Tuesday, 12 June 2012

Scarcity and Intellectual Property, 2: Empirical Evidence for Inventions

Guest post by Dale Halling

A NUMBER OF ALLEGED scholars[1] suggest the logical basis for property rights is scarcity—that property rights efficiently allocate scarce resources and so avoid conflicts.  These alleged scholars argue that ideas and inventions are not subject to scarcity and, therefore, intellectual property rights should not exist.  These arguments seem to be particularly prevalent among libertarians, particularly those at the Cato and Mises Institutes and among the open source community.  In this article we will examine whether there is a lack of scarcity in the creation of ideas.

According to this theory, tangible property rights include only real property rights in land and buildings and personal property rights in things like cars and furniture.  Tangible or physical property is scarce since it takes resources to create and can only be owned by one person at a time.  According to this theory however, intangible or intellectual property such as patents and copyrights (and software according to the arguments of the open source community) is not scarce, which means multiple people may own intellectual property without excluding others from the property.  According to Tom G. Palmer a proponent of the “scarcity theory” of property:

It is this scarcity that gives rise to property rights. Intellectual property rights, however, do not rest on a natural scarcity of goods, but on an “artificial, self created scarcity.”[2]

Scarcity however is neither the historical nor the logical basis of private property rights.

PATENTS, ONE OF THE TYPES of intellectual property rights, are based on creating new ideas or inventions.  The number of potential inventions appears to be almost limitless.  For instance, Paul Romer, a professor of economics at Stanford states:

On any conceivable horizon — I’ll say until about 5 billion years from now, when the sun explodes — we’re not going to run out of discoveries. Just ask how many things we could make by taking the elements from the periodic table and mixing them together. There’s a simple mathematical calculation: It’s 10 followed by 30 zeros. In contrast, 10 followed by 19 zeros is about how much time has elapsed since the universe was created.[3]

Someone might object that Paul Romer has overstated the number of possible chemical inventions, since not all elements are able to chemically bind to each other.  On the other hand, this calculation only includes one of each element.  Some of our most important chemical compounds contain long chains of carbon and silicon atoms.  In addition, the elements can bond to each other in multiple ways, ionic bonds, covalent bonds, polar covalent bonds and hydrogen bonds.  Elements may also have double, triple and quadruple bonds.  When you add in all these variations, Dr. Romer probably underestimated the number of possible chemical inventions.  And this calculation is only for chemistry.  When you consider computer networks or electronic circuits with millions of transistors or nodes the number of different possible connection is n(n-1)/2 or easily equal to the number of combinations described for chemistry.  This does not begin to name all the possible number of inventions.  This would seem to argue for a lack of scarcity on the conception of ideas or inventions.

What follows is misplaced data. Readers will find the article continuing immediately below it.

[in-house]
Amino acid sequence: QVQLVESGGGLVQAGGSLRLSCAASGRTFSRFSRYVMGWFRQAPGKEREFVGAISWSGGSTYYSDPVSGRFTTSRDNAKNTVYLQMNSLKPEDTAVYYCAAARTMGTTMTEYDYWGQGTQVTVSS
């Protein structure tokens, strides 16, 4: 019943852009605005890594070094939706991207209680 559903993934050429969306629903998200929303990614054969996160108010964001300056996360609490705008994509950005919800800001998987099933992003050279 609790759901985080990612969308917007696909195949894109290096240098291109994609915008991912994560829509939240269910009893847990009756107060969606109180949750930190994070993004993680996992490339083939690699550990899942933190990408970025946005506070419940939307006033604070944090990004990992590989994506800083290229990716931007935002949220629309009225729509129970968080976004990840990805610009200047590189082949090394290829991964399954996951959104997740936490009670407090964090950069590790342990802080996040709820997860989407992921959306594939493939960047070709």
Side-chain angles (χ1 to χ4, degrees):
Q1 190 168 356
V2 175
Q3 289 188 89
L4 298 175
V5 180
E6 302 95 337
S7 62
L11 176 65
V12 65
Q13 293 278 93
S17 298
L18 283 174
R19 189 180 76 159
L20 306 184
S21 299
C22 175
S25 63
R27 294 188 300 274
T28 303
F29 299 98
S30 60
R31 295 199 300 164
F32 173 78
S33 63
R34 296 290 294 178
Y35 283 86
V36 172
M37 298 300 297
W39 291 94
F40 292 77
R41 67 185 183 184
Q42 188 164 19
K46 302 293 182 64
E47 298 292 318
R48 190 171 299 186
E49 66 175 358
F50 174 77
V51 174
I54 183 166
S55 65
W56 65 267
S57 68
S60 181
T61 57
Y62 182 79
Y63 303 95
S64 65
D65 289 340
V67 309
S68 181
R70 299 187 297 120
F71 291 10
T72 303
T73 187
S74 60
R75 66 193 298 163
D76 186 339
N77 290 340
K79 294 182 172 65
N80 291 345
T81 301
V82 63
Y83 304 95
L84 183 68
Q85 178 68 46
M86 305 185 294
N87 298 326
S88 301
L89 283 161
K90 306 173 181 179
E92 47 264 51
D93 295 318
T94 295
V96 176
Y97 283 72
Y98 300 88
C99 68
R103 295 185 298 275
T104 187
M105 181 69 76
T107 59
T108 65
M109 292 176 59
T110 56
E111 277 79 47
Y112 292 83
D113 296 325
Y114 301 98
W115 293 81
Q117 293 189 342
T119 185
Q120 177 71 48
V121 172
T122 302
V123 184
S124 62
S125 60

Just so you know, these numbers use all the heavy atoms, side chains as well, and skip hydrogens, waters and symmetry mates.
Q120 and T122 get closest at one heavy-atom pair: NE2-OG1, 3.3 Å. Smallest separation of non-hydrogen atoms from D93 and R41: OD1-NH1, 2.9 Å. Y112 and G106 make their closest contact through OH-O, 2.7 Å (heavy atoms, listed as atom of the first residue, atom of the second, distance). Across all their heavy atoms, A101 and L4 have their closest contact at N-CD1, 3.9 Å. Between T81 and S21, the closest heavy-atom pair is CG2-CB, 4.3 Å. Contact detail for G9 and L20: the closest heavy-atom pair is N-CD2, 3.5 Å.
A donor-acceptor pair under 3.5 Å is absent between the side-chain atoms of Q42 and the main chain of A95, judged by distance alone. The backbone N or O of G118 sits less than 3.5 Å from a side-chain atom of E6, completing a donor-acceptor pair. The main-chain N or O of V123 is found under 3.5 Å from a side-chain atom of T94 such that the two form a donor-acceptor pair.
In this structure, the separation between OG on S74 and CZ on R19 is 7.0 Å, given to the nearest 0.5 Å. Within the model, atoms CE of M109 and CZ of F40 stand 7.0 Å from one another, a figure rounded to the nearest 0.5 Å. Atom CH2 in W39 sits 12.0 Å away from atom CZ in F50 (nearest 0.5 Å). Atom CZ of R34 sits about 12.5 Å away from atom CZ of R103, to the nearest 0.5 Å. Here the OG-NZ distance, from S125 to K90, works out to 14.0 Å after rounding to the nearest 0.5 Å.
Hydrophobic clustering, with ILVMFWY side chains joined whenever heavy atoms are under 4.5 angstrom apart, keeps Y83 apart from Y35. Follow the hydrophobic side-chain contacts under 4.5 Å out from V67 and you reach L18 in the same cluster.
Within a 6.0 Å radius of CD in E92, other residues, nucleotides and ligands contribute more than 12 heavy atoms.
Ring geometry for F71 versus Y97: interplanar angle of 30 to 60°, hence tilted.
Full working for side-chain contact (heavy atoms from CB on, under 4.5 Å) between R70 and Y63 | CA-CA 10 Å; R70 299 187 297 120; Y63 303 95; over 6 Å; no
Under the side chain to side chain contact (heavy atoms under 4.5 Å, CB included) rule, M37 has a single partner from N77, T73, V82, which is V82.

That’s not the whole story, however.

Although there are an unlimited number of potential inventions, this does not mean that creating them is free.  The U.S. spends over $300 billion a year on research and development to discover inventions.[4] Either these people are wasting a tremendous amount of money on a fraud, or producing inventions really is subject to scarcity. 

The fact is that conceiving inventions takes scarce resources.  Researchers are scarce. The availability of research facilities and research equipment are all subject to scarcity.  Each researcher’s ability and their time to pursue various inventions and discoveries is limited. 

Clearly, the proponents of the scarcity theory of property are incorrect on this and much else: the development of inventions and innovations really is subject to scarcity.

Dale Halling is an American patent attorney and entrepreneur, and the author of the book The Decline and Fall of the American Entrepreneur: How Little Known Laws are Killing Innovation.
Read his regular thoughts at his
State of Innovation blog.

[1] Kinsella, Stephen, Against Intellectual Property and Palmer, Tom G., “Are Patents and Copyright Morally Justified? The Philosophy of Property Rights and Ideal Objects”, Harvard Journal of Law & Public Policy, Vol. 13, No. 3, Summer 1990, pp. 817- 865.

[2] Palmer, Tom G., “Are Patents and Copyright Morally Justified? The Philosophy of Property Rights and Ideal Objects”, Harvard Journal of Law & Public Policy, Vol. 13, No. 3, Summer 1990, p. 865.

[3] Bailey, Ronald, “Post-Scarcity Prophet: Economist Paul Romer on growth, technological change, and an unlimited human future”, Reason, December 2001.

[4] Kao, John, Innovation Nation: How America is losing its Innovation Edge, Why it Matter, and What We Can Do to Get it Back, Free Press, 2007, p. 39

1 comment:

  1. Scarcity is a red herring when it comes to property rights. The main argument is, of course, a moral one. If we can't own the property we create, we can't own our minds and bodies that do the creating, and that would make us slaves.


1. Commenters are welcome and invited.
2. All comments are moderated. Off-topic grandstanding, spam, and gibberish will be ignored. Tu quoque will be moderated.
3. Read the post before you comment. Challenge facts, but don't simply ignore them.
4. Use a name. If it's important enough to say, it's important enough to put a name to.
5. Above all: Act with honour. Say what you mean, and mean what you say.